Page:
In Ontario, Canada, tenants have specific rights that protect them from landlord harassment. Harassment from a landlord can result in mental distress, loss of profits or income, and other damages for the tenant. In this article, we will discuss the rights of tenants when faced with harassment from their landlord to apply to the landlord and tenant board for compensation including claims for abatement of rent and the right to proceed in Superior Court for matters involving more than $35,000.
Tenants have the right to live peacefully in their rented property without undue interference from the landlord. Harassment that causes mental distress to the tenant can include threats, intimidation, and invasion of privacy. If a tenant experiences mental distress due to landlord harassment, they may be eligible to file a claim for damages.
Loss of Profits or Income:
For tenants who use the rented property for business purposes, landlord harassment can result in a loss of profits or income. This could include actions by the landlord that disrupt the tenant’s business operations. In such cases, the tenant may have the right to seek compensation for their financial losses.
Apart from mental distress and loss of profits or income, tenants may also experience other types of damages due to landlord harassment. These could include damage to personal property or physical harm. Tenants have the right to file a claim for compensation for any damages they suffer as a result of the landlord’s actions.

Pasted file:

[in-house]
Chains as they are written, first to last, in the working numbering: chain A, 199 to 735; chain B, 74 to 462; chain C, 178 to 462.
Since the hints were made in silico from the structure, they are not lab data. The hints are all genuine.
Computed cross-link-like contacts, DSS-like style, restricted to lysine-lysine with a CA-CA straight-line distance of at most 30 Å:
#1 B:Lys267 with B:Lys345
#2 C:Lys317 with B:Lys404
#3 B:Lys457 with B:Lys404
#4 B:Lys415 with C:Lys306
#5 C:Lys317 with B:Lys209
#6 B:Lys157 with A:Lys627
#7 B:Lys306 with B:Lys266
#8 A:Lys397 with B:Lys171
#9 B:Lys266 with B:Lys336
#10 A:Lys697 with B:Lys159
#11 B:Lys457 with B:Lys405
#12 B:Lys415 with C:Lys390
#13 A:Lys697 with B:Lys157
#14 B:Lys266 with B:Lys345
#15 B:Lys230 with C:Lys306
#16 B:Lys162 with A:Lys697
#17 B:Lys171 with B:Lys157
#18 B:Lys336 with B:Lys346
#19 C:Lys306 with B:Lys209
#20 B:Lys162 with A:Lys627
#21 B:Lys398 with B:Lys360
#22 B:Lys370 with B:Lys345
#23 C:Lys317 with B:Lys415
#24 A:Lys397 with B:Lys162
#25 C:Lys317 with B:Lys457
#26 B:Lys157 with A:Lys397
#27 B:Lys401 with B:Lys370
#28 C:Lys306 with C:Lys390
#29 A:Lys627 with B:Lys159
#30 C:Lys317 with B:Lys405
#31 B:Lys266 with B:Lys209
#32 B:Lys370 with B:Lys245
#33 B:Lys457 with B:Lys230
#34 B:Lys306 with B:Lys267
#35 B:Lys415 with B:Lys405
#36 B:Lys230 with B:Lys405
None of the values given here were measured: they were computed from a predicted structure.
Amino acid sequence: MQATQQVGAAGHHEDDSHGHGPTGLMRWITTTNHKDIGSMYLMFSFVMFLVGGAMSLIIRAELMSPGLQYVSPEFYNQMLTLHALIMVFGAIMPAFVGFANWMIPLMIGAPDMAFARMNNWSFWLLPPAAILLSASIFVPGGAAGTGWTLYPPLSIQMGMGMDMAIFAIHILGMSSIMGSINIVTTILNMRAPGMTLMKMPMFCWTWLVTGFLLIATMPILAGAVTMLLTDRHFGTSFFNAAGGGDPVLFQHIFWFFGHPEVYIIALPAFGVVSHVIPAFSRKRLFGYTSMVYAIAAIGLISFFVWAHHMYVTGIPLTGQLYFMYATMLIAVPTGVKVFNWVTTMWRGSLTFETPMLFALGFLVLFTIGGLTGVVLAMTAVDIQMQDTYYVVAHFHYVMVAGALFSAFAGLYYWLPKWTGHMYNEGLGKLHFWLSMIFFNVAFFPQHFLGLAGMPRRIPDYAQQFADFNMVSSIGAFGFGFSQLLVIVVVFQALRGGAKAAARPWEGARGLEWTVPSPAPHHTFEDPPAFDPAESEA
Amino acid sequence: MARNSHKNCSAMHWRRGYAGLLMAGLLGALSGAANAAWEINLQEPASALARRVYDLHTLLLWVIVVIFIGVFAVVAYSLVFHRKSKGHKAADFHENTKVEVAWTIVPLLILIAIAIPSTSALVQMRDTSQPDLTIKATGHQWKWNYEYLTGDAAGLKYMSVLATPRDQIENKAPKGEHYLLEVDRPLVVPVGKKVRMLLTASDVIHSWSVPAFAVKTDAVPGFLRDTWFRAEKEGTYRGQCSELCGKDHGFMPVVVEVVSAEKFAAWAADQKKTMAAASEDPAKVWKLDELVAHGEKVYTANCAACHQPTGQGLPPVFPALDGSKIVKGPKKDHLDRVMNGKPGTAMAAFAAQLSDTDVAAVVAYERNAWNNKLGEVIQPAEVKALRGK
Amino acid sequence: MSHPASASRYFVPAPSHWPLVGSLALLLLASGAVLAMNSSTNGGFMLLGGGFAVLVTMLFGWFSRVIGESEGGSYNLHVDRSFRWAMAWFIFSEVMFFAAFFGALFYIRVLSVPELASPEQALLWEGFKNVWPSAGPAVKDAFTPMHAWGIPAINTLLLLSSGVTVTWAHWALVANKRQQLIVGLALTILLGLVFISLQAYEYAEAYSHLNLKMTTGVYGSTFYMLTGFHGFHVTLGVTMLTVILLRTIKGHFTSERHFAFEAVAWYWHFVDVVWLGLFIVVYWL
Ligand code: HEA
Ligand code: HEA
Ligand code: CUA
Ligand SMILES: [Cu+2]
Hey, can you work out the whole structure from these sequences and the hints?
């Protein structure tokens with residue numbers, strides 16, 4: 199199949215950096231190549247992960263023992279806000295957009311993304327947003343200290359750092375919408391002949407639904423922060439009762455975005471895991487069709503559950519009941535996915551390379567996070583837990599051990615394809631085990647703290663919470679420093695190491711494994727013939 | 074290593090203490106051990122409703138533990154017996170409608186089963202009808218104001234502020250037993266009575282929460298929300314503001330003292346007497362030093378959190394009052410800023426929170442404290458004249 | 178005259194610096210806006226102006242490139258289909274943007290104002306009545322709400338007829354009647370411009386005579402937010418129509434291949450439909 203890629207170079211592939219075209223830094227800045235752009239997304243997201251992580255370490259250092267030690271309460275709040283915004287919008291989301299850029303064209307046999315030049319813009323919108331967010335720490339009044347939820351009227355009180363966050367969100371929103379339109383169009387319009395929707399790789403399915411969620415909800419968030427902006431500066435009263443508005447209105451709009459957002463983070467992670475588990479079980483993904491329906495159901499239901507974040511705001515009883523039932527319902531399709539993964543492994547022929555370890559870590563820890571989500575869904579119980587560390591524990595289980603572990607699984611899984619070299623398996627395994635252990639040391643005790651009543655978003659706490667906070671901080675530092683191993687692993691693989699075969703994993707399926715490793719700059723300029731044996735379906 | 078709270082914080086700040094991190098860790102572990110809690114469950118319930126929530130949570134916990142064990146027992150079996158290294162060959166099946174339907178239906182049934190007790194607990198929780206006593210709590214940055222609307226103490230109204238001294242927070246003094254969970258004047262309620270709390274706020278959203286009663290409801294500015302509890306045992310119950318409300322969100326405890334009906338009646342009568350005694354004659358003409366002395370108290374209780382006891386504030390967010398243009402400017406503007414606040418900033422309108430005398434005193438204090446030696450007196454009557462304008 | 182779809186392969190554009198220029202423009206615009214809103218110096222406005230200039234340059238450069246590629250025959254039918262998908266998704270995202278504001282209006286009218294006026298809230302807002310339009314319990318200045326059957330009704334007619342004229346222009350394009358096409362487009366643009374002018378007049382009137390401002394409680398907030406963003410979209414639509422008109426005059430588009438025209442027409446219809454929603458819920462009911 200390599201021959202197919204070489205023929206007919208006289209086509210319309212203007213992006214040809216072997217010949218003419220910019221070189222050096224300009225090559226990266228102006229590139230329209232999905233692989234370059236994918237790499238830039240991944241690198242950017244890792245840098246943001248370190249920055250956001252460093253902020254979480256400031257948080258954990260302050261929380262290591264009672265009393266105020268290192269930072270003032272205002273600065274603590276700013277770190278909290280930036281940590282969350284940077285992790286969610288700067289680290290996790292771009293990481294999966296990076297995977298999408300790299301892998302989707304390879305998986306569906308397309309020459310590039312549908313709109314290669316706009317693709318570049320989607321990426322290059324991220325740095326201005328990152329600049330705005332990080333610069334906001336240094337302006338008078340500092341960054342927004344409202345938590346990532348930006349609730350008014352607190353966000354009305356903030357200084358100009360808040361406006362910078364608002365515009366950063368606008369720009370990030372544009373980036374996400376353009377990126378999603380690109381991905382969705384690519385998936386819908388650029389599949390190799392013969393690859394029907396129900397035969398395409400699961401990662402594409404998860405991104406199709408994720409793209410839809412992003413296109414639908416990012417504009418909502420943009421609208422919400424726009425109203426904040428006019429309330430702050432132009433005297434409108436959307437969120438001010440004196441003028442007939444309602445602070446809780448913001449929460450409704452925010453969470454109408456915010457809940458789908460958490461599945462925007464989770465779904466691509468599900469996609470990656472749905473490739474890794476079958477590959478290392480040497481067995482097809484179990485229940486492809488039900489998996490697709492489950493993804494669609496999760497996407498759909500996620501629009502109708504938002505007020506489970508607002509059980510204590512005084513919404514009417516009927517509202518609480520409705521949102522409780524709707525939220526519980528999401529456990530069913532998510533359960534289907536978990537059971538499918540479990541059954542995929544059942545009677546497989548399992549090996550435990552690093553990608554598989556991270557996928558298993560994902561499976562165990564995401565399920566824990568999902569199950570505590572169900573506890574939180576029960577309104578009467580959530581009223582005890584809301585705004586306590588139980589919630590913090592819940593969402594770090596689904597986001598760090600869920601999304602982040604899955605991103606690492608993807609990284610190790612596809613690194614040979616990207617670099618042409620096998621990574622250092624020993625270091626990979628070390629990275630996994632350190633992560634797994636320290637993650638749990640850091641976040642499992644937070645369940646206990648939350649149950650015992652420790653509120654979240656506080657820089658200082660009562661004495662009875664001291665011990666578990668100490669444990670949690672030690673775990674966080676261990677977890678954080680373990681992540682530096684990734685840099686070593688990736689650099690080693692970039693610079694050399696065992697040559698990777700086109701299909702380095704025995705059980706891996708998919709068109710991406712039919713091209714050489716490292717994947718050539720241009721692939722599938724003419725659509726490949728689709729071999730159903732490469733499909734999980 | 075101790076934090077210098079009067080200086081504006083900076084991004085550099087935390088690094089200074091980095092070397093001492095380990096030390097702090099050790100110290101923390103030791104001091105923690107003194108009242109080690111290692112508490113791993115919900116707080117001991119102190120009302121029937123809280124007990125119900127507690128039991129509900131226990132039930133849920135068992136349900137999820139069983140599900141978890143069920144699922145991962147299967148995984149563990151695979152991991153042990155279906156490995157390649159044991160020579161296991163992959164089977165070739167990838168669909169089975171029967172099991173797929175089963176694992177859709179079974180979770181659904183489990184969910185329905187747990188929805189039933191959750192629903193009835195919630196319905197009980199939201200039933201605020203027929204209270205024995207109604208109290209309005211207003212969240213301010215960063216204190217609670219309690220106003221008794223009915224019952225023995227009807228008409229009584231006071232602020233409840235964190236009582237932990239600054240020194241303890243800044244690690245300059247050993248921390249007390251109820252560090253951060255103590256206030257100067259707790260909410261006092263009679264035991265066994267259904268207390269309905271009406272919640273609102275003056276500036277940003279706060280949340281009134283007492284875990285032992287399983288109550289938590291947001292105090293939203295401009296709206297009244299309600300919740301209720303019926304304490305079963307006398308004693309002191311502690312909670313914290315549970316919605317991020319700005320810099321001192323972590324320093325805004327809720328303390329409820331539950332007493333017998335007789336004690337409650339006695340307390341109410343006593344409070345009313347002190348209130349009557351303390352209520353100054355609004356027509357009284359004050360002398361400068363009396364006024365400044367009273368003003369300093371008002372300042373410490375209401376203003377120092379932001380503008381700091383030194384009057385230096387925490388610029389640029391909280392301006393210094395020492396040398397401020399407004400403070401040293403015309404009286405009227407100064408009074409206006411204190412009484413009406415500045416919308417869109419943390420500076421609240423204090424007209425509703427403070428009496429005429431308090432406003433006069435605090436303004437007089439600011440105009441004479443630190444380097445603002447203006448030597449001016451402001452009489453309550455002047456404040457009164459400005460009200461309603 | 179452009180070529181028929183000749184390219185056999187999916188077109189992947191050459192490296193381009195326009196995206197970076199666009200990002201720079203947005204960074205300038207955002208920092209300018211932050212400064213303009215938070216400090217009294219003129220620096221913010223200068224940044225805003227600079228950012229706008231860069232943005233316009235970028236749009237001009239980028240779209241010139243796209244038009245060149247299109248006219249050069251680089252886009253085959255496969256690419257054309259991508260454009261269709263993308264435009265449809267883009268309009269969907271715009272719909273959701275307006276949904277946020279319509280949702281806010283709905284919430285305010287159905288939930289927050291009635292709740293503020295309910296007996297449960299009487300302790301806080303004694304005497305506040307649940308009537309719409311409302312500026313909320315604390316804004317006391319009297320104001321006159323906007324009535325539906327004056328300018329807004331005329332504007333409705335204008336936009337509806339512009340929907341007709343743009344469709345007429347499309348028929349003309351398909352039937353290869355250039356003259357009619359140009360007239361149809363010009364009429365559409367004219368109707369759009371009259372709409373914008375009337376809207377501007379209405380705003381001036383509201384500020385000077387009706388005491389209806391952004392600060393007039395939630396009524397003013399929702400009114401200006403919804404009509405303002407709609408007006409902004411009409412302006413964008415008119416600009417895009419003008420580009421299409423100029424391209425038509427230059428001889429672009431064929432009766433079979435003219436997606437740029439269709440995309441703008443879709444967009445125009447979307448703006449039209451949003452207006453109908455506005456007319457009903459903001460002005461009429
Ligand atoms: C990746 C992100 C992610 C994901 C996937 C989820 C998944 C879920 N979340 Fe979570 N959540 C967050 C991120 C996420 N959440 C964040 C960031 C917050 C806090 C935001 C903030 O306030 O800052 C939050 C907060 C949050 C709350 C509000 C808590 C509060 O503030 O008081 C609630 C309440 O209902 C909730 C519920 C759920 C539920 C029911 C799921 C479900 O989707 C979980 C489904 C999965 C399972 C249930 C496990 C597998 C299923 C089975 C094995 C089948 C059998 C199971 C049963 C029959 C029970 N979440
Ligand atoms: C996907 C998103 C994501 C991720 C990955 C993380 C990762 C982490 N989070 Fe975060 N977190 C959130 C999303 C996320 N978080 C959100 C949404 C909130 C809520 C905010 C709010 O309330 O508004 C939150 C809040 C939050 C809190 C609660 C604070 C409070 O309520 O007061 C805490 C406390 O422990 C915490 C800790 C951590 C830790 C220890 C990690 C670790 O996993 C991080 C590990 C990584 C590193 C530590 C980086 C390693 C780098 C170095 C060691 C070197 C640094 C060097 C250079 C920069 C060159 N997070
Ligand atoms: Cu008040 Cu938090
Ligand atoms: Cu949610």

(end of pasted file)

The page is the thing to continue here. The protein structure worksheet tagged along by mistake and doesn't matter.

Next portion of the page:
Claims for Abatement of Rent:
In Ontario, tenants have the right to seek abatement of rent if the landlord fails to maintain the rental property in a state of good repair or if the tenant has suffered harassment from the landlord. This means that the tenant may be entitled to a reduction in rent or compensation equivalent to the cost of repairing the property or the damages suffered due to harassment.
Right to Proceed in Superior Court for Matters Involving More Than $35,000:
If the tenant’s claim for damages exceeds $35,000, they have the right to proceed in Superior Court. This is significant because the Landlord & Tenant Board in Ontario has a jurisdictional limit of $35,000. Therefore, for claims that exceed this amount, the tenant must proceed in Superior Court to seek the compensation they are entitled to.
In conclusion, tenants in Ontario have specific rights that protect them from landlord harassment and the resulting damages. Tenants should be aware of their rights and the legal avenues available to them in case they experience harassment from their landlord. If you are a tenant facing harassment, it is recommended that you consult with a legal professional to understand your options and take the necessary steps to protect your rights.